This spring I am teaching Cornell’s Comparative Methods course. The near-final syllabus is here (PDF).
(To those Cornell PhD students reading this: hi! I’ll see you next Wednesday.)
Compared to the previous time that I taught this course, I am doing four things differently. First, I am cutting down on the meta-debate about positivism, empiricism, and various alternatives. Students can have those discussions elsewhere, and time spent debating epistemology distracts from other course goals.
Second, I am taking a firmer line on what we think statistical analysis is good for. Now, the basic question is not “how do we summarize correlations between variables?” but rather “what would have to be true for a regression to be useful?”
Third, I am treating multimethod research more seriously, and critically. In fact, I suspect that the most challenging readings are those on how to integrate quantitative and qualitative methods.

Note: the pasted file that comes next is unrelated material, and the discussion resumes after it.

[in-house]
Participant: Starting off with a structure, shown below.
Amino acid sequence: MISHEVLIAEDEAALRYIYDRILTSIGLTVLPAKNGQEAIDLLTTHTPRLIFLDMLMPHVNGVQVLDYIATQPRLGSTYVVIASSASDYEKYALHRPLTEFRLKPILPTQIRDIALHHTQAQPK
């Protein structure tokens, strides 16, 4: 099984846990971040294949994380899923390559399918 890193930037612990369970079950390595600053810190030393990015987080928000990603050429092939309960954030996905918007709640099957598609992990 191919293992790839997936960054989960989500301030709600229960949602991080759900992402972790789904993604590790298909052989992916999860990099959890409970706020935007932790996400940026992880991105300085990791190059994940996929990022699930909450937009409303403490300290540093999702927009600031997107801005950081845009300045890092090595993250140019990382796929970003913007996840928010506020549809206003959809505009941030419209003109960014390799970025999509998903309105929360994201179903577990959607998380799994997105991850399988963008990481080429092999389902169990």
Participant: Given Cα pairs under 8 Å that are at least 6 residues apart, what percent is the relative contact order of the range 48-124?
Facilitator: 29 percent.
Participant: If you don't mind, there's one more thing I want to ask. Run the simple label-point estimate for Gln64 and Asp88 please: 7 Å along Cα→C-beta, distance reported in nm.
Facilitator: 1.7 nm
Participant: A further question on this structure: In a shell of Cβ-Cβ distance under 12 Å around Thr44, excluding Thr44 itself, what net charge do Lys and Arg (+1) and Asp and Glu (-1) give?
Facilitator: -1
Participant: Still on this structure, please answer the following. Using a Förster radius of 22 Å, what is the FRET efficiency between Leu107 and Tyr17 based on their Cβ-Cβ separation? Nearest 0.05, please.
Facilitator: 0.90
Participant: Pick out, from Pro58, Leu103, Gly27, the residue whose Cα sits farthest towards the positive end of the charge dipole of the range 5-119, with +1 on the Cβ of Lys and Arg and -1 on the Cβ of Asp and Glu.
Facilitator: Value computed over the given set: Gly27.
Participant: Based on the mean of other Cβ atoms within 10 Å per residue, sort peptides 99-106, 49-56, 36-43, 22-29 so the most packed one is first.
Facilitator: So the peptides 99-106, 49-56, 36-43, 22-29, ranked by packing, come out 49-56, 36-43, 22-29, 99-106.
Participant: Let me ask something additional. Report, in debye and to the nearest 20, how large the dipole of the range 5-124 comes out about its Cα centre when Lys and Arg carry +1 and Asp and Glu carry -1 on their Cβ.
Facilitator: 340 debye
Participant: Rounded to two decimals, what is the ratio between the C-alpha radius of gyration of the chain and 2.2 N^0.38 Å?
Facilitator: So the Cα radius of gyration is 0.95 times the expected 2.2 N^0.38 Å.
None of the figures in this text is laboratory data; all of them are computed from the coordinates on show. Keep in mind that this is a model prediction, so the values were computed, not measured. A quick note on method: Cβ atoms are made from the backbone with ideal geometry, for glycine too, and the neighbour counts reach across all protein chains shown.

Fourth, I am introducing a replication assignment. This assignment will differ in form and intent from what I understand to be the standard replication assignment in political science, described here. The purpose of the assignment is not to ascertain whether or not statistical tables can be reproduced, but to expose students to working with primary sources and building arguments from them. The assignment has a learning goal, not a disciplinary function. It is for this reason that I have no interest restricting the replication assignment to statistical work only. Less “science police,” more understanding and building on the research of others.
Perhaps other replication assignments have similar goals, but that is not how they are frequently portrayed.